[arin-ppml] Summary: lowering the ARIN minimum allocation

Leo Bicknell bicknell at ufp.org
Mon Aug 3 15:02:19 EDT 2009


In a message written on Mon, Aug 03, 2009 at 06:49:31PM +0000, bmanning at vacation.karoshi.com wrote:
> 	a) that once the last "greenfield" IPv4 prefix is handed out,
> 	   that any/all policy for IPv4 is dead.

I did not say that.  The policy doesn't magically die.  However,
the discussion here is of a policy that describes a process for
giving things out from the free pool.  If there is no free pool,
or a free pool created only from the voluntary return of address
space then I don't think the policy is going to get used very often,
post-runout.

I also included my own feeling about the future.  IPv4 will end.
IPv6 will replace it.  You can argue if that's in 2, 5, or 50 years,
but no matter the timeframe IPv6 policy matters for a longer period
of time from now than IPv4 policy.

> 	b) there are fundamental differences in how one constructs
> 	   policy for the different address families.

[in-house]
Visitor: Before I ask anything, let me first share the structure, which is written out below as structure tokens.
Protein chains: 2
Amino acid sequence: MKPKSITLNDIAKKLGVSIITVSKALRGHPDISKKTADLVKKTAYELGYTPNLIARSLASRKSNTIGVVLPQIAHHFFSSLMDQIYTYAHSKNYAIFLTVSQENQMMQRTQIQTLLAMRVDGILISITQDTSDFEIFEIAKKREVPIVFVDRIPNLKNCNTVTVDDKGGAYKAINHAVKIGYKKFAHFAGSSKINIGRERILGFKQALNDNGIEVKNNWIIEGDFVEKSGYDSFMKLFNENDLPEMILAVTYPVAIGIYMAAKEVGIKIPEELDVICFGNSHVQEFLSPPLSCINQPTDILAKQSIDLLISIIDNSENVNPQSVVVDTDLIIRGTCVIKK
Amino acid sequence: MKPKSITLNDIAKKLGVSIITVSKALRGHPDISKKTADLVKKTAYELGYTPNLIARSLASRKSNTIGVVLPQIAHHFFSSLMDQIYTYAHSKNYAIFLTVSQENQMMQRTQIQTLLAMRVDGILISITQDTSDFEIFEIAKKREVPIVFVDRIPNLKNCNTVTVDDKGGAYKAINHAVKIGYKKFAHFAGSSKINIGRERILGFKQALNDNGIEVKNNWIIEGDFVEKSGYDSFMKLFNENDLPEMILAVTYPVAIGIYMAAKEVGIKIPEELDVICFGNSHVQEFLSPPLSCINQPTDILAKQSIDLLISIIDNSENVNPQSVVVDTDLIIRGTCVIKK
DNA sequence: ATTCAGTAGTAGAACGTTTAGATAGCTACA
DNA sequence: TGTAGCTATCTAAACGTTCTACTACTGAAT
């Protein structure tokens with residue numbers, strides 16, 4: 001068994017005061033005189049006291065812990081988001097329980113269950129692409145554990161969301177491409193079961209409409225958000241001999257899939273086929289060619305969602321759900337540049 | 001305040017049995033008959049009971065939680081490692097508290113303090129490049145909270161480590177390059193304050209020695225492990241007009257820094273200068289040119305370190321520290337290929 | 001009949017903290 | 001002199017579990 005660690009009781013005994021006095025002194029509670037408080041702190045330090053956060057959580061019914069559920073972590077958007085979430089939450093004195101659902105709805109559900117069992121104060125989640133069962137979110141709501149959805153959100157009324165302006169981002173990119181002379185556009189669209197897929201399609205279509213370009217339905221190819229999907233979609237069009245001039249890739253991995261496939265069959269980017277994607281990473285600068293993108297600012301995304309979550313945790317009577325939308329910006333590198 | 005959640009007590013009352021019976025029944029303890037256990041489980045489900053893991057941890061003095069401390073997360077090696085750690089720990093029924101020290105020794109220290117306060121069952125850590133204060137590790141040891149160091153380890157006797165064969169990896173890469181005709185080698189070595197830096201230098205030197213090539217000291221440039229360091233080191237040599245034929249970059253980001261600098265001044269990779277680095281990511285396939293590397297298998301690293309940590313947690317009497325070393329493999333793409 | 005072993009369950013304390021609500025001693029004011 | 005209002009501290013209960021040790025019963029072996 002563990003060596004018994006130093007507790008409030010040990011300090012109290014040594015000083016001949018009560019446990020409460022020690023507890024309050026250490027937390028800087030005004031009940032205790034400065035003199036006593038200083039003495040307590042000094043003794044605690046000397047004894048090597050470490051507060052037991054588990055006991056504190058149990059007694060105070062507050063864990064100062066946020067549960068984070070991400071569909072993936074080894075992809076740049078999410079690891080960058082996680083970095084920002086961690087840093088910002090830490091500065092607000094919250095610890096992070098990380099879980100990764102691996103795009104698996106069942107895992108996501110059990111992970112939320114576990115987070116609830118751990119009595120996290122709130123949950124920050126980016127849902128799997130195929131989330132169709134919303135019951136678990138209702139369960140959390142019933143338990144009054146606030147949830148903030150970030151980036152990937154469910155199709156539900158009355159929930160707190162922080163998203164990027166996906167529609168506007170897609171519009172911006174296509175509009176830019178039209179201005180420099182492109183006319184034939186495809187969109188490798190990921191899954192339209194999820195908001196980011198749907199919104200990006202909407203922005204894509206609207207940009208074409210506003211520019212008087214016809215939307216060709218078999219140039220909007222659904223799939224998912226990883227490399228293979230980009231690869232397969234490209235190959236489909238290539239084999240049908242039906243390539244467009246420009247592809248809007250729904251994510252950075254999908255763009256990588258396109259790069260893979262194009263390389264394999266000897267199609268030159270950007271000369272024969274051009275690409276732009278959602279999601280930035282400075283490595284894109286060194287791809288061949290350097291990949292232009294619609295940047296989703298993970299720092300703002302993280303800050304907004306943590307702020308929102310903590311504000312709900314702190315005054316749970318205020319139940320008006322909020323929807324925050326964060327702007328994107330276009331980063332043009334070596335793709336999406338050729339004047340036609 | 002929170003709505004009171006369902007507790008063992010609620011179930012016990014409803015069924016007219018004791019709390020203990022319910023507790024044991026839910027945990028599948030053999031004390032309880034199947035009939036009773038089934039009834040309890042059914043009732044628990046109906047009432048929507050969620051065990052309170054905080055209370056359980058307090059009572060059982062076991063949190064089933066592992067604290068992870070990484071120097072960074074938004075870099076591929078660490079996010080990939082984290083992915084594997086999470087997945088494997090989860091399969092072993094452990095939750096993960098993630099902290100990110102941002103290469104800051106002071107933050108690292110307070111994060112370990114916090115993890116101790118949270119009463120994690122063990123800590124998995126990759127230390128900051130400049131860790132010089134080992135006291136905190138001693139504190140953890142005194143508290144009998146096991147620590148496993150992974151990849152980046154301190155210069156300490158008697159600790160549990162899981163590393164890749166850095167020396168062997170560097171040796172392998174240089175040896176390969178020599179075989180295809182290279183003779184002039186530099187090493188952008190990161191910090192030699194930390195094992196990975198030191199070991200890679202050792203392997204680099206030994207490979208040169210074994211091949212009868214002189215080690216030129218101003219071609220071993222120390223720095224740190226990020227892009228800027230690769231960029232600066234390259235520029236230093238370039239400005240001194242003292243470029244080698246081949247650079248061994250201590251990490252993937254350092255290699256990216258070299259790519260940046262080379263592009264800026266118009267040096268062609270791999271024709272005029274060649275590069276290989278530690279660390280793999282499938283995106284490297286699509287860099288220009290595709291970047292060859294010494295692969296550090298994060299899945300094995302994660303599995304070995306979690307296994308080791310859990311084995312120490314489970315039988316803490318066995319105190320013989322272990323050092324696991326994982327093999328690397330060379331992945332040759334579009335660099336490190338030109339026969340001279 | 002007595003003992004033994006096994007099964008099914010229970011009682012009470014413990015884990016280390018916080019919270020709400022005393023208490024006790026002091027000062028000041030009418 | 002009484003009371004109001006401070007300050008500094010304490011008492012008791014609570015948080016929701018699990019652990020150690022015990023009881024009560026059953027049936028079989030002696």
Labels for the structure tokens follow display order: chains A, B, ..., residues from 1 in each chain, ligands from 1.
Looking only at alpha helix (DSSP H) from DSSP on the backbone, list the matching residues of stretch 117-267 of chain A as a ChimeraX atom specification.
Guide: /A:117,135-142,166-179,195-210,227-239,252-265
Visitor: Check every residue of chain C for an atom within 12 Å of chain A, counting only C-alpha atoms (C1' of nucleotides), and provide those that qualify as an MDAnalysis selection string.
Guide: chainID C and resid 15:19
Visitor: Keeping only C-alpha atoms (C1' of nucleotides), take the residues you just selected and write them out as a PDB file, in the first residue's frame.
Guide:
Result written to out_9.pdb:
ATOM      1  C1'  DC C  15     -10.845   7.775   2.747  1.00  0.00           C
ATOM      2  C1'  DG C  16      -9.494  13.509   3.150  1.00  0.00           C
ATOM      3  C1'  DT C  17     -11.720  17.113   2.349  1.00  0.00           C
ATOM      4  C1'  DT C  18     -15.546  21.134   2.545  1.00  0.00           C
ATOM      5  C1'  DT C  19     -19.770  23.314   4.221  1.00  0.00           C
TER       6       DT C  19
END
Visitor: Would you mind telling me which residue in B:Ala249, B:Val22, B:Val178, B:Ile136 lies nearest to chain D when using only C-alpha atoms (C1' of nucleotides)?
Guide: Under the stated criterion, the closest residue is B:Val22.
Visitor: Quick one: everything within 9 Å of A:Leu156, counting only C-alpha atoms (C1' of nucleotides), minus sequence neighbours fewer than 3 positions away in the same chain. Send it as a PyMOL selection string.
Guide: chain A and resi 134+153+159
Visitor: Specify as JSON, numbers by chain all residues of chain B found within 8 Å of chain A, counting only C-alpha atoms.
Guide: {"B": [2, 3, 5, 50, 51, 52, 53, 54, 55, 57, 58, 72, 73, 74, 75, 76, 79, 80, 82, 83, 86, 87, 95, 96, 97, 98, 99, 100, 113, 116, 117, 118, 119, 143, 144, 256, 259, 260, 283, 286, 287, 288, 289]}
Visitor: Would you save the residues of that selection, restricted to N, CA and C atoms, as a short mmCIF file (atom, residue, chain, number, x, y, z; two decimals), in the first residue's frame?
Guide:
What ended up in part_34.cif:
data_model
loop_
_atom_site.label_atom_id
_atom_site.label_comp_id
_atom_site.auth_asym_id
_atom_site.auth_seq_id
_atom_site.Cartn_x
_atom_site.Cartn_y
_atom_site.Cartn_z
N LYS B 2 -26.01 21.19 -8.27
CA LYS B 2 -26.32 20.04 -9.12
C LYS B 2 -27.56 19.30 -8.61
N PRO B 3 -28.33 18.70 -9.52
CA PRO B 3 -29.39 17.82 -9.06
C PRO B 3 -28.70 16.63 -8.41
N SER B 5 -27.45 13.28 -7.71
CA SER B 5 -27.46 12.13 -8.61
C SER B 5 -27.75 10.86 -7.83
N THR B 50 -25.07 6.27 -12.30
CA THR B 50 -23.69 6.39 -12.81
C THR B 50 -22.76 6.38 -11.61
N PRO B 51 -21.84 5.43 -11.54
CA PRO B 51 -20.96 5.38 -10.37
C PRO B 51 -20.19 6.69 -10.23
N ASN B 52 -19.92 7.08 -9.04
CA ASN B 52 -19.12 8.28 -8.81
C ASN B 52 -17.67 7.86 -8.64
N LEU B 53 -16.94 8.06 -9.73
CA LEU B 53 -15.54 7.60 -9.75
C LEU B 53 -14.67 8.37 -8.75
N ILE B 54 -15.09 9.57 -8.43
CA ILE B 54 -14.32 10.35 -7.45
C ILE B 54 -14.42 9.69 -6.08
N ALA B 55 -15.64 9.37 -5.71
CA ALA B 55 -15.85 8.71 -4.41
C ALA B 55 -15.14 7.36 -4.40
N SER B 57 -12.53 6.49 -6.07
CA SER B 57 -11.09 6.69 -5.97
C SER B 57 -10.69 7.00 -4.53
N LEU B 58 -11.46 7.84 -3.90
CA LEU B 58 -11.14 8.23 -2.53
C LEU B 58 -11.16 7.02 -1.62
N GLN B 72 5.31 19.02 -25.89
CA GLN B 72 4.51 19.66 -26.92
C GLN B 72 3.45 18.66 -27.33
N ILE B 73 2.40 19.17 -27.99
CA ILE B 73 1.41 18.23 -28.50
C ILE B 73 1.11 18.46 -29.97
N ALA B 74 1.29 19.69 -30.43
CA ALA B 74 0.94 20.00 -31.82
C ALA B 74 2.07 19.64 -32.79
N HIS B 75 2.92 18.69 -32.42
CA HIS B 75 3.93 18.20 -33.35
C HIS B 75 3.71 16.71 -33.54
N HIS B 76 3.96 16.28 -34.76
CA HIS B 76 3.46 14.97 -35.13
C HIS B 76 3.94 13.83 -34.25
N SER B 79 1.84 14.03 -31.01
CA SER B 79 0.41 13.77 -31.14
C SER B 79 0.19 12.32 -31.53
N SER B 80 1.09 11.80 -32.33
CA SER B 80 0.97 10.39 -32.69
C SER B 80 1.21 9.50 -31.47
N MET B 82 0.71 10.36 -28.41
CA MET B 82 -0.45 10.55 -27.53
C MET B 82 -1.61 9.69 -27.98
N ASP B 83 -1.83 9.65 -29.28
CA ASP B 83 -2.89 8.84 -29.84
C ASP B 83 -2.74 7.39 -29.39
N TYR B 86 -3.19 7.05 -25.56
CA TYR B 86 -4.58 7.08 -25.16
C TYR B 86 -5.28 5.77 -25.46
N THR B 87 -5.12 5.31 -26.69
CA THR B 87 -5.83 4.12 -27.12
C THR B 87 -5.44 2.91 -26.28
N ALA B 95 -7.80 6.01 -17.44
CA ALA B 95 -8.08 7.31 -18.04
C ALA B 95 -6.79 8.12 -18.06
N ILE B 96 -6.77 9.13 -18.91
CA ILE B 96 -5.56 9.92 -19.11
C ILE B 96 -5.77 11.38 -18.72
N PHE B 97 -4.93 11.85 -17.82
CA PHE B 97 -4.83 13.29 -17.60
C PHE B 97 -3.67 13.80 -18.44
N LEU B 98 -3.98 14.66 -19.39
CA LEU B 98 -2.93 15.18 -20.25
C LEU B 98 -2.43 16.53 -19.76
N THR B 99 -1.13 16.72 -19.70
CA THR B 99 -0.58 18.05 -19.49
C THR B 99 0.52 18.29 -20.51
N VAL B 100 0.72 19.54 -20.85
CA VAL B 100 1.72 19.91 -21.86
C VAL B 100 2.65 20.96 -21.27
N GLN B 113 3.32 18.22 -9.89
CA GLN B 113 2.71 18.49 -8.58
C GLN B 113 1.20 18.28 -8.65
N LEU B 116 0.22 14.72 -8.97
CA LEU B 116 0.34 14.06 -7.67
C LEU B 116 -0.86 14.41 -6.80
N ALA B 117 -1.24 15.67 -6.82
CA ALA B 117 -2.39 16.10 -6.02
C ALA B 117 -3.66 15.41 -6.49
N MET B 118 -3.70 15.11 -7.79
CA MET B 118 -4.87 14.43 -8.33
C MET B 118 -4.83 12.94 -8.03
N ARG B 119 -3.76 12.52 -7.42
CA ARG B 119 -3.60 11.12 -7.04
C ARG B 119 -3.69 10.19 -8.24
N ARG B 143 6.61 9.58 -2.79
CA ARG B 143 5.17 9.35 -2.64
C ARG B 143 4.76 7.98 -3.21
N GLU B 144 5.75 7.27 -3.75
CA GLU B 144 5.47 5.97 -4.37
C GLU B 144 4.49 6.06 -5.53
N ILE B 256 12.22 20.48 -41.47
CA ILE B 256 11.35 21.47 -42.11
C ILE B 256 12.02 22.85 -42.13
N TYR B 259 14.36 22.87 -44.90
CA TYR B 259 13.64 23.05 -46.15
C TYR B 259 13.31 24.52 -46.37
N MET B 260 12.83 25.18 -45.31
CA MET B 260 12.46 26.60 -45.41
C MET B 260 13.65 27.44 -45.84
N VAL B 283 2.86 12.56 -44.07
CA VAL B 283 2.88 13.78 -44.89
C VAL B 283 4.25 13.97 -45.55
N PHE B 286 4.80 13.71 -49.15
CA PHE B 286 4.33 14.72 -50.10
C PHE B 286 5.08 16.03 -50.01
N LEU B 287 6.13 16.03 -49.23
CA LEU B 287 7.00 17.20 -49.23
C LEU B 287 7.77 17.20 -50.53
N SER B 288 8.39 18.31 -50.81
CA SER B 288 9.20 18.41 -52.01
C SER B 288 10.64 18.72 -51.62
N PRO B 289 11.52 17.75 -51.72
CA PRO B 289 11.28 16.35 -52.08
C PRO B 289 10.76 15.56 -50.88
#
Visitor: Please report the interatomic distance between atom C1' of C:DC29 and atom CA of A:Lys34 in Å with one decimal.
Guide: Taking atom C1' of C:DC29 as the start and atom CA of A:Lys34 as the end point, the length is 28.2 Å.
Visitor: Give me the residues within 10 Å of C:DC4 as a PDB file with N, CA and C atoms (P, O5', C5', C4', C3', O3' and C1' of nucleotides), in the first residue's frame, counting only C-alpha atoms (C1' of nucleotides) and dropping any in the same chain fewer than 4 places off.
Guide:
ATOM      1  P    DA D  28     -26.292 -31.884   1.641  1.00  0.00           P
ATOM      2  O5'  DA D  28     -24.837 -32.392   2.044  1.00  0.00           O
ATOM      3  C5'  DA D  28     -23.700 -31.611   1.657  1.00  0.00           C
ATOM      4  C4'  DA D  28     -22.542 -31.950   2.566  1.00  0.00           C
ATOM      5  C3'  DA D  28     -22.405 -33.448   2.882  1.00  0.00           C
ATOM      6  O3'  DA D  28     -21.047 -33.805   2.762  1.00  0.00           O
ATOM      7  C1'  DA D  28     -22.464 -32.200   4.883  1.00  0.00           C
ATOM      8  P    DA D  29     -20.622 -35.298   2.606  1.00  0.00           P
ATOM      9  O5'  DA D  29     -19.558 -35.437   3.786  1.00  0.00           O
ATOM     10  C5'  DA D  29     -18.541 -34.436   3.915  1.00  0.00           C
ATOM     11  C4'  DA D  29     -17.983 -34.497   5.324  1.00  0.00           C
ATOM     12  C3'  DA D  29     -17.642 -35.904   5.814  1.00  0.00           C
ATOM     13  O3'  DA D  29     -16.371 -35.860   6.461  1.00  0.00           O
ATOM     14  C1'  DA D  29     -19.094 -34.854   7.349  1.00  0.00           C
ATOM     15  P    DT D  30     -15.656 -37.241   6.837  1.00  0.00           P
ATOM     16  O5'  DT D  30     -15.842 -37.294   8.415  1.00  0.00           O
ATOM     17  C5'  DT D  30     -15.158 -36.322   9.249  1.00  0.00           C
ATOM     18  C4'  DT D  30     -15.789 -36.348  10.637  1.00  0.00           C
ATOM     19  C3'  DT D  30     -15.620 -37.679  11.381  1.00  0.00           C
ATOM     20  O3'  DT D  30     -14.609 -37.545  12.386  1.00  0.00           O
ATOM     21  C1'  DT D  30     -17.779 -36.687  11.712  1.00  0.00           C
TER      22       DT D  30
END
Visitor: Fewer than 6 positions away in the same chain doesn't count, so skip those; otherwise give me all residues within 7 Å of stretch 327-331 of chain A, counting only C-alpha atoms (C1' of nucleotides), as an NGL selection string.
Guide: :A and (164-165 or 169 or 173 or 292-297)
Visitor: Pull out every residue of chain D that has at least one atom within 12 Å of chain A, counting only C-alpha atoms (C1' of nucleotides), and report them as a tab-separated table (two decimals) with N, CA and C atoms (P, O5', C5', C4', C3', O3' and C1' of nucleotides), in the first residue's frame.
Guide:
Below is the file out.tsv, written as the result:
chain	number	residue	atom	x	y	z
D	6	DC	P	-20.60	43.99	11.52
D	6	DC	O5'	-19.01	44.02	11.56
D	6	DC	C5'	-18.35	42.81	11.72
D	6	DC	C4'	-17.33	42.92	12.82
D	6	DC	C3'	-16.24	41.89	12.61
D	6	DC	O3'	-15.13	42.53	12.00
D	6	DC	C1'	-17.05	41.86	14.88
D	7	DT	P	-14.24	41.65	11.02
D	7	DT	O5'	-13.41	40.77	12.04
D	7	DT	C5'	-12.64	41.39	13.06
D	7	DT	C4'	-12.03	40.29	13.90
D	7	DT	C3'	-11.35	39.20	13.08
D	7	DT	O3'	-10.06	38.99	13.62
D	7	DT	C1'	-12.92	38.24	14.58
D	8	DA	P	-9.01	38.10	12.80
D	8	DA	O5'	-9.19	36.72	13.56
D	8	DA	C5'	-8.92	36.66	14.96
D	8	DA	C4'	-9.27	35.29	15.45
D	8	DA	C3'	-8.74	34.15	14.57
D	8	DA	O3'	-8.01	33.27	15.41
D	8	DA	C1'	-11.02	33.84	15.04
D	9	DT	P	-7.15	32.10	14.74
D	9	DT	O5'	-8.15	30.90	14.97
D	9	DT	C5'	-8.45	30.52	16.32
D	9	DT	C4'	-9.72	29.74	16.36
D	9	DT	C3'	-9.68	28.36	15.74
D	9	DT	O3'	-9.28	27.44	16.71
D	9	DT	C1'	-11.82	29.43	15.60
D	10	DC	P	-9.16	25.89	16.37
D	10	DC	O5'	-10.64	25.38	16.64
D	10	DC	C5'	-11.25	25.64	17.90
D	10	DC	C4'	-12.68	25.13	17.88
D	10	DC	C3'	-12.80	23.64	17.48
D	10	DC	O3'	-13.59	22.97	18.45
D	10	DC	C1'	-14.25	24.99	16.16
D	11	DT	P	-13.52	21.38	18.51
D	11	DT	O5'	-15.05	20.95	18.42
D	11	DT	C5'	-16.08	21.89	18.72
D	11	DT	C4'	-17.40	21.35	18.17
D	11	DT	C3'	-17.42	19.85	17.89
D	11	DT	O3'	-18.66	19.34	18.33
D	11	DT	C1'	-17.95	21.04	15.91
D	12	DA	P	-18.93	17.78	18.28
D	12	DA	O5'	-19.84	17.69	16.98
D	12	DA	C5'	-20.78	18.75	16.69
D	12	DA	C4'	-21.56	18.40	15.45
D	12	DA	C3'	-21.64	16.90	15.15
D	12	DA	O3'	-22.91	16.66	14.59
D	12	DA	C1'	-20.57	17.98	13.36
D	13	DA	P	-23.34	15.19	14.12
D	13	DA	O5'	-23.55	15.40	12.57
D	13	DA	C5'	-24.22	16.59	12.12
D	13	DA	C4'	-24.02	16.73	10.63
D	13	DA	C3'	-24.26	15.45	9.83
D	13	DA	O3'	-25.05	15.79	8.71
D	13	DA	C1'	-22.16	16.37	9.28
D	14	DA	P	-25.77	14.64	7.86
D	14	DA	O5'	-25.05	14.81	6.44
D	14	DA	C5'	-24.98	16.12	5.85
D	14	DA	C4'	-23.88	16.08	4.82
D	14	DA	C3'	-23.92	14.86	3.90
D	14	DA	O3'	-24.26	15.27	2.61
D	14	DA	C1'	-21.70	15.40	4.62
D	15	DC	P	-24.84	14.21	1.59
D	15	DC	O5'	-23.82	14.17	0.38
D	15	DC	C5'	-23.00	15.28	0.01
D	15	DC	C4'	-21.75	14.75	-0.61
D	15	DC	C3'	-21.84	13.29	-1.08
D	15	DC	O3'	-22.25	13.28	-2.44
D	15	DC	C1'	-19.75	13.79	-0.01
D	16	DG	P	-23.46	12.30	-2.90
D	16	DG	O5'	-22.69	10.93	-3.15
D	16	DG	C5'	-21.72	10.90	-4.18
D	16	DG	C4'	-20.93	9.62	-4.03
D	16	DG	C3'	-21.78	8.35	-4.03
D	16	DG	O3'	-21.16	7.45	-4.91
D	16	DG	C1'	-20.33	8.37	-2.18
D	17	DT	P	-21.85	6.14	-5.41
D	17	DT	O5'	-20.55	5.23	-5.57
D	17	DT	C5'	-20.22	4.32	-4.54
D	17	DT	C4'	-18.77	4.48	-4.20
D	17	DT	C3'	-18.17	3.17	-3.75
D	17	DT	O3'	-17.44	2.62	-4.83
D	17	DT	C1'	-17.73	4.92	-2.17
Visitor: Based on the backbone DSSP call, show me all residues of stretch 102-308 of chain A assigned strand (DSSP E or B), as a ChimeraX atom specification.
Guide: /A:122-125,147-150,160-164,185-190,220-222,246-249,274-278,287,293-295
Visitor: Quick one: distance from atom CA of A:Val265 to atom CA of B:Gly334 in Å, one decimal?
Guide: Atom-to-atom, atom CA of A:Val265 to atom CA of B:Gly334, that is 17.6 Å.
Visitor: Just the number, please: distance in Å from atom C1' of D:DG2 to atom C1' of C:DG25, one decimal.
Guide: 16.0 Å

I might remove the word fundametal, but with that removed there are
differences.

Case in point, subnet size does not matter in IPv6.  Under current
policy if you have 1, 100, 100,000, or 100,000,000 boxes in a subnet
you use a /64.  That is not the case in IPv4, those would all get
different sized subnets.

Today many small business get a /27 from their upstream; outgrow
it and add a /27 overlay, outgrow it and renumber into a /24, outgrow
that and renumber into a /23.  In IPv6 they get a /64 (minimum,
maybe a /56, or even a /48), and all those renumbering steps go
away.

So yes, they are different.  Fundamentally different, perhaps not,
but still different.

-- 
       Leo Bicknell - bicknell at ufp.org - CCIE 3440
        PGP keys at http://www.ufp.org/~bicknell/
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